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July 27, 2004

Time for Time Management

FYI, I had used up to 2 hours to draft out each of my past entries, one and a half to pen it down on paper and one half to type it out. This is too time-consuming and definitely not very feasible. (perhaps I can only blame my tardiness for this) Chop chop, time to manage time. From this entry onwards, I'm limiting myself to half an hour's writing. It'll be something like TOEFL writing test, in which candidates have to produce an essay based on a compulsory topic given in half hour's time. So basically it's 'type in what you have in your mind non-stop or else hand in an empty paper' situation. And to think my class have to do at least 1 practice every week. Cool.

Last Friday had second round of SAT prep test. Same frigid atmosphere in the hall, same table and chair, same restiveness ('why we are the only program that has to stay back until 6pm every Friday?'). The difference? This time it's tougher. More mind-boggling questions keep looming from pages to pages. I count myself lucky I was able to maintain my score. Hooi Ju managed an impressing 200 points boost compare to last prep test. Kavind gained some improvements too. Reason? He wasted a lot of time visiting the restroom 3 times during the previous test to, erm, revive his troubling gastronomical tract.

What?! half an hour already? and this is all i can manage to write.. alamak!!

Posted by peixin at 01:07 PM | Comments (5)

July 20, 2004

Questions? Just shoot'em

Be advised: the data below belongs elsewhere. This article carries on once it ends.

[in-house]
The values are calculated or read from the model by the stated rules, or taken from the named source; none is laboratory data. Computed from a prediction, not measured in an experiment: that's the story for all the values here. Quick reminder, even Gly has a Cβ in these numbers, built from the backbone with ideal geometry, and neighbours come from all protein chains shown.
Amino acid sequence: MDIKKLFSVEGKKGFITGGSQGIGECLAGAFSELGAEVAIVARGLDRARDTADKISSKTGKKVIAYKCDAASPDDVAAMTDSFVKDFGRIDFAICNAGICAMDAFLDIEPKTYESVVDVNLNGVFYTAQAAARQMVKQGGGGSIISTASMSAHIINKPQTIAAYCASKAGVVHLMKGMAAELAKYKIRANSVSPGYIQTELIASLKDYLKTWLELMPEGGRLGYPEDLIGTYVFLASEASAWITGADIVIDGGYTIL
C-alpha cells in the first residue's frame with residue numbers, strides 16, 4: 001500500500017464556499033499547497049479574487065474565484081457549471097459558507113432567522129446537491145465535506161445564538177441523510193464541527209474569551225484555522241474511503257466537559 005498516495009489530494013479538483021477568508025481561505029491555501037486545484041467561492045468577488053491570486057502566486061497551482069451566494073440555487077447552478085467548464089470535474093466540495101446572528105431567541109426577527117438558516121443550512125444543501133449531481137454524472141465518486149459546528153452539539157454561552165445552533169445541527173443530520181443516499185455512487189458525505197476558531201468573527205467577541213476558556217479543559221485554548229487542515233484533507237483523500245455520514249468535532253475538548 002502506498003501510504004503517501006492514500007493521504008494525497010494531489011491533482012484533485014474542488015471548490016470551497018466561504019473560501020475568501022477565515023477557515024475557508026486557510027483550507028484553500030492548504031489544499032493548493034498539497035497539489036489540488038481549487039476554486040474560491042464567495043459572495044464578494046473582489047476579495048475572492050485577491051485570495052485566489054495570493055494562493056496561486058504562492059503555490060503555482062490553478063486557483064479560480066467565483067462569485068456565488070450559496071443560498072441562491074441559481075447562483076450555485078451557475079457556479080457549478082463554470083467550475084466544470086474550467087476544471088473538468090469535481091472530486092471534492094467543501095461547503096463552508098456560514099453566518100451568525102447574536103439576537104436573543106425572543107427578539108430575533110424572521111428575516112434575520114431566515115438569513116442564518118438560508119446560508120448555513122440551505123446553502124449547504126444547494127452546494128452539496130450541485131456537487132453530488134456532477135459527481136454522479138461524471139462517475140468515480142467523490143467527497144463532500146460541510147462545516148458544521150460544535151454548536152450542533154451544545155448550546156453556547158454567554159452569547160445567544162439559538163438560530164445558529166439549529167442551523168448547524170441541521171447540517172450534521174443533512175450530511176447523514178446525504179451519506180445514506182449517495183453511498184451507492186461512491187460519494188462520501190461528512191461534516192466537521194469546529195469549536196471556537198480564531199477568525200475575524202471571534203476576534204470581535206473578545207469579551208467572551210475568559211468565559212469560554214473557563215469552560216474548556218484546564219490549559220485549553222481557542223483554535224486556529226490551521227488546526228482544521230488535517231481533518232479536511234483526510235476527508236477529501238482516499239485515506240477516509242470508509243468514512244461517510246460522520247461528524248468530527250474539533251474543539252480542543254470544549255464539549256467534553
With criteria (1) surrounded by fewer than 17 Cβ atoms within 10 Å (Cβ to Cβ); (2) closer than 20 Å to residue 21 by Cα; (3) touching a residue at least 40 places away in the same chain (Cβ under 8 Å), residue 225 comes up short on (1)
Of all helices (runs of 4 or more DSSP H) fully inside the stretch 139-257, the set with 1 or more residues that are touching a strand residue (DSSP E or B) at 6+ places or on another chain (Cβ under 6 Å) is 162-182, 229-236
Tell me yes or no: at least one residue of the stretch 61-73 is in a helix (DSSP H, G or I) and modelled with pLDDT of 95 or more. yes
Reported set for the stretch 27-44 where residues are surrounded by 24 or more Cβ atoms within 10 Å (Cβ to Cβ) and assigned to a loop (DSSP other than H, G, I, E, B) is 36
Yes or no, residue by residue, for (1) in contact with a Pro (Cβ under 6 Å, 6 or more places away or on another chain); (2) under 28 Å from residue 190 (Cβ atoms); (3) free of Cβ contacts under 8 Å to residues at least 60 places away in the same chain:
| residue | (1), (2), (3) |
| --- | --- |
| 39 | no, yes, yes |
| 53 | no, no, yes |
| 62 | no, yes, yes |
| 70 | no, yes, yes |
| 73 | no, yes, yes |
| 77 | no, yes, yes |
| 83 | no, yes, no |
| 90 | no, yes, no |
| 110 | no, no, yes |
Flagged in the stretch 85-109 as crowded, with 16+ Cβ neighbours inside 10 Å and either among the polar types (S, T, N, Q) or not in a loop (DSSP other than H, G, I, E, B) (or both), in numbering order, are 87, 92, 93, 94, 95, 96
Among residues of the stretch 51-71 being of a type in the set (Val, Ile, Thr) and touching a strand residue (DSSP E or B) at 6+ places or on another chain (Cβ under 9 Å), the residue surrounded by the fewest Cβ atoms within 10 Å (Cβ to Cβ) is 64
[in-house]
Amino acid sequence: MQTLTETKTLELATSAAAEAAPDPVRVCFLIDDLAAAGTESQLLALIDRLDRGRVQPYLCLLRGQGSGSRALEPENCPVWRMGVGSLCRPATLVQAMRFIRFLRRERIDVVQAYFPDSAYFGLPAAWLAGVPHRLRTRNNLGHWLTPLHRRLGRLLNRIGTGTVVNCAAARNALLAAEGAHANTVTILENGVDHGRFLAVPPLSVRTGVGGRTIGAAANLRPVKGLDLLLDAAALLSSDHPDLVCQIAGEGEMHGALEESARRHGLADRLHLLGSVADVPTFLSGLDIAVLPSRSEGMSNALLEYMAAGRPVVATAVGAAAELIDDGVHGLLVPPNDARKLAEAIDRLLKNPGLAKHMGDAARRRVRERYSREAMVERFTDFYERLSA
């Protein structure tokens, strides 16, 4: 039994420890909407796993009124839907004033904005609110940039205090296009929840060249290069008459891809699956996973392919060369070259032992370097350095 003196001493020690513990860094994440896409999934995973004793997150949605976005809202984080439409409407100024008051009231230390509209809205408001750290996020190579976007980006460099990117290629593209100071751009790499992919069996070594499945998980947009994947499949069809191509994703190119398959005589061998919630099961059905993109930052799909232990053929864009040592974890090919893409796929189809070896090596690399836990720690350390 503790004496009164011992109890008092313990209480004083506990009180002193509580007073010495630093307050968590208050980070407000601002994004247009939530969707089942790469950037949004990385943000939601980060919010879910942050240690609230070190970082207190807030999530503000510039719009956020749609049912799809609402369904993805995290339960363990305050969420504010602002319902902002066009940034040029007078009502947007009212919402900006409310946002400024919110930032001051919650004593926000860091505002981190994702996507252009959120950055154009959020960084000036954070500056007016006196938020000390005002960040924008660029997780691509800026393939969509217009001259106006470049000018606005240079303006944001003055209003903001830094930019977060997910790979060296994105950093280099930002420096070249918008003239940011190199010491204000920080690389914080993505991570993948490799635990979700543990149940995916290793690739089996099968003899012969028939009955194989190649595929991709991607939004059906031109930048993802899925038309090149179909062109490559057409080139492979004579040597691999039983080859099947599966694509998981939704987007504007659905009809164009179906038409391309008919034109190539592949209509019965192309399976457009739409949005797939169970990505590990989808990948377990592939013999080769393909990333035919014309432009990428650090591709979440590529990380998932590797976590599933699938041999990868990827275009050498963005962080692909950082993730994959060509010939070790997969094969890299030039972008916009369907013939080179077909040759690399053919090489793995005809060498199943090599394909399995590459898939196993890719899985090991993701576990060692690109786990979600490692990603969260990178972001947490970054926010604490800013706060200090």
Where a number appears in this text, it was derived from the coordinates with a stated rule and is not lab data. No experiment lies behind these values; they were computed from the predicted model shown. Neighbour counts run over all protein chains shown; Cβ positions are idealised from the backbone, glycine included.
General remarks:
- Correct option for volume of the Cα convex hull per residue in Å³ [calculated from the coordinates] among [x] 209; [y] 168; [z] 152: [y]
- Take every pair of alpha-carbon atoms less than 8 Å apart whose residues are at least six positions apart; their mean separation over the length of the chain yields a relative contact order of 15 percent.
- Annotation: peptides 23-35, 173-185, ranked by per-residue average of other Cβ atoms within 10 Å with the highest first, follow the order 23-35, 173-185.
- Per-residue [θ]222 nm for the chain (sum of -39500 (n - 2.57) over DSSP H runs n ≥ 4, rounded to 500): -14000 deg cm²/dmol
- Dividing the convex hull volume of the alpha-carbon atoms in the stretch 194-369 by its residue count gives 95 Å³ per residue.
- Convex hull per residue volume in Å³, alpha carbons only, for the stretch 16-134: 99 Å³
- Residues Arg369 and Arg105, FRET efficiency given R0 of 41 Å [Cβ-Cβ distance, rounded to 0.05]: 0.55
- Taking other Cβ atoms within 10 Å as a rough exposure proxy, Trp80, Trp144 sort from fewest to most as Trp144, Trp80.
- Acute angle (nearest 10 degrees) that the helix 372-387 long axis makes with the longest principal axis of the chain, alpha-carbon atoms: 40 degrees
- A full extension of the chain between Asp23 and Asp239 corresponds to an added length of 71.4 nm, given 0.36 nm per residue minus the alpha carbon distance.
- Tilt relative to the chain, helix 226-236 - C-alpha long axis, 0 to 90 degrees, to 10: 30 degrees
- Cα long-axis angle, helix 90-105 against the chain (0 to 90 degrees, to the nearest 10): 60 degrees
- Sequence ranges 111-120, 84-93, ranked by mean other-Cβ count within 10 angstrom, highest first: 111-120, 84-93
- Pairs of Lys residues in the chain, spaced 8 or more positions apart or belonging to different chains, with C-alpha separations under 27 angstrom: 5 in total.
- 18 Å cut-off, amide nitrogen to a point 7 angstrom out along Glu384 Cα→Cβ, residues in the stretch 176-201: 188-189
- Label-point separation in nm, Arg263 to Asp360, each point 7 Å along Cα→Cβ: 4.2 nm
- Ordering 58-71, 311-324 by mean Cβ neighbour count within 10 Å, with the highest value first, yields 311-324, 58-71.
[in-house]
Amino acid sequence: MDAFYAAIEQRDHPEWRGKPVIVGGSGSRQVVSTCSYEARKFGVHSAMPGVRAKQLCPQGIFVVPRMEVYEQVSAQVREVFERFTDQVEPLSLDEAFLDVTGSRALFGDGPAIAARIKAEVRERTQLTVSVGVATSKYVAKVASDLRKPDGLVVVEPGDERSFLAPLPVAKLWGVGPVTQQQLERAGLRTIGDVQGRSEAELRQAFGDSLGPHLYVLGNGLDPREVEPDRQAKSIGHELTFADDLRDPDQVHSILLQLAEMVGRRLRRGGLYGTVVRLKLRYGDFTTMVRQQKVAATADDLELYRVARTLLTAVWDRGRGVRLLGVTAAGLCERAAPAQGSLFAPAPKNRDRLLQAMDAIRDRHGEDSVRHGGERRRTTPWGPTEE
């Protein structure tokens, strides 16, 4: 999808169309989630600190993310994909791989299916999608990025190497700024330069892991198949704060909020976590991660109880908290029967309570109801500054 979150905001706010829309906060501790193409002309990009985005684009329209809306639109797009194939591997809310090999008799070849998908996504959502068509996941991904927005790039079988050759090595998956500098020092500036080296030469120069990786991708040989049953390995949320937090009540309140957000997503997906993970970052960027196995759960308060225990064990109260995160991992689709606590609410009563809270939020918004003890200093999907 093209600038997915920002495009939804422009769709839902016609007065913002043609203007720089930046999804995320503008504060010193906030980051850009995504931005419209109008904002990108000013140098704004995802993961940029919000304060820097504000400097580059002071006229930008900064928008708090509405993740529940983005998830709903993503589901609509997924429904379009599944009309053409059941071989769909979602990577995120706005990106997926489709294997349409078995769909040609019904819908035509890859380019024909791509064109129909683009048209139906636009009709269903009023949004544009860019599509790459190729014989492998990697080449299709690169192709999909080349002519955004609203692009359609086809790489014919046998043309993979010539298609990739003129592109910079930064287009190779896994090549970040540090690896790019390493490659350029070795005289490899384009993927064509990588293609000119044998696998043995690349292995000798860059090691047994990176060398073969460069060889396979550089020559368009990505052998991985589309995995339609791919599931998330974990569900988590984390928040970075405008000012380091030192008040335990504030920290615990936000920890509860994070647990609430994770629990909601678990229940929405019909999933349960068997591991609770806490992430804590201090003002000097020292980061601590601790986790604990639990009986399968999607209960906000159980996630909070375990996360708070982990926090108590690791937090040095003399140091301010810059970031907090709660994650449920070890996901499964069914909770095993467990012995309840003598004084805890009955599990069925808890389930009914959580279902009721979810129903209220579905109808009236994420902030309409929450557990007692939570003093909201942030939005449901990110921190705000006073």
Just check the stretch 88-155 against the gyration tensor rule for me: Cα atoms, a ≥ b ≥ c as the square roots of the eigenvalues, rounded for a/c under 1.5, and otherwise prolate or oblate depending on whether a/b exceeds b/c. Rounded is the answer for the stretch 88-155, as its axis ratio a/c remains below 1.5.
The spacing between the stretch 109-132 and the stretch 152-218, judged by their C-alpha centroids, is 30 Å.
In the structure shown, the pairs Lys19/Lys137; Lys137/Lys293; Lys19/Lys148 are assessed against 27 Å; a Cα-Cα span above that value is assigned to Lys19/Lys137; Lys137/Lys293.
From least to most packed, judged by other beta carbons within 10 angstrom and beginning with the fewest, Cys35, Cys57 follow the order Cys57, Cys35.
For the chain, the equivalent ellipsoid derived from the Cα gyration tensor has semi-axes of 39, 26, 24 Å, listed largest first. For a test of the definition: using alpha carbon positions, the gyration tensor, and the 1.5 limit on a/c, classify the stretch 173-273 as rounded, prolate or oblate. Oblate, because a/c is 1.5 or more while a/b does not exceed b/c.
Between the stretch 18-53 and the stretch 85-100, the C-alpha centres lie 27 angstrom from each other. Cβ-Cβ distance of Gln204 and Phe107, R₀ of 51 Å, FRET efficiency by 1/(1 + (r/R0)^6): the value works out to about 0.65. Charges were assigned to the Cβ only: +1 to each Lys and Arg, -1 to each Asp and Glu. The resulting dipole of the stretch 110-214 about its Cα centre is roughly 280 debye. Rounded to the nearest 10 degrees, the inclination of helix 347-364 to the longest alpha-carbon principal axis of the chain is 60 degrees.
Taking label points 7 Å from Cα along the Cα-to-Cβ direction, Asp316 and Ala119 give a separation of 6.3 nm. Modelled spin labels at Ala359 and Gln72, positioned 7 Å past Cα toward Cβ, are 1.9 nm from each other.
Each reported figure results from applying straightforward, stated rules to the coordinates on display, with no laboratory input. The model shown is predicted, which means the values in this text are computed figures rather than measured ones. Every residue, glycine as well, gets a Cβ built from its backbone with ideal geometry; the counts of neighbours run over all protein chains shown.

Have you ever felt that sometimes you tend to strive to be more superior or cleverer than everybody else and at the same time dwell in the thoughts of loftiness and disdain towards others? However, more often than not, you will find that your mindset is narrowed down to the extent that you start undermining your competitors. In the end, you will realise that you are not as competent as you thought you are, and that other people are actually far better than you. No? I've learnt through the hard way that my worse enemy is my own ego. After studying in Singapore for 6 months, I realise that there's invariably a higher 'mountain' than mine out there.

Now that I know the pivotal value of being humble, I'm emulating the virtues set by the late Mr. Ronald Reagan(1911-2004). In one article that I read from the TIME magazine (commemorative issue for the Great Communicator), Mr. Reagan is portrayed as the epitome of American Dreams. Born and educated as a commonner, Mr. Reagan had tasted hardships which later became the foundation of his hard will and humbility. On becoming the 40th President of USA, Mr. Reagan said that he's just one same American who wants to be the 'Dreamer in-chief' to lead his people to their own aspirations and achievements. Had I been born a few decades earlier, I would certainly wish to meet this great man.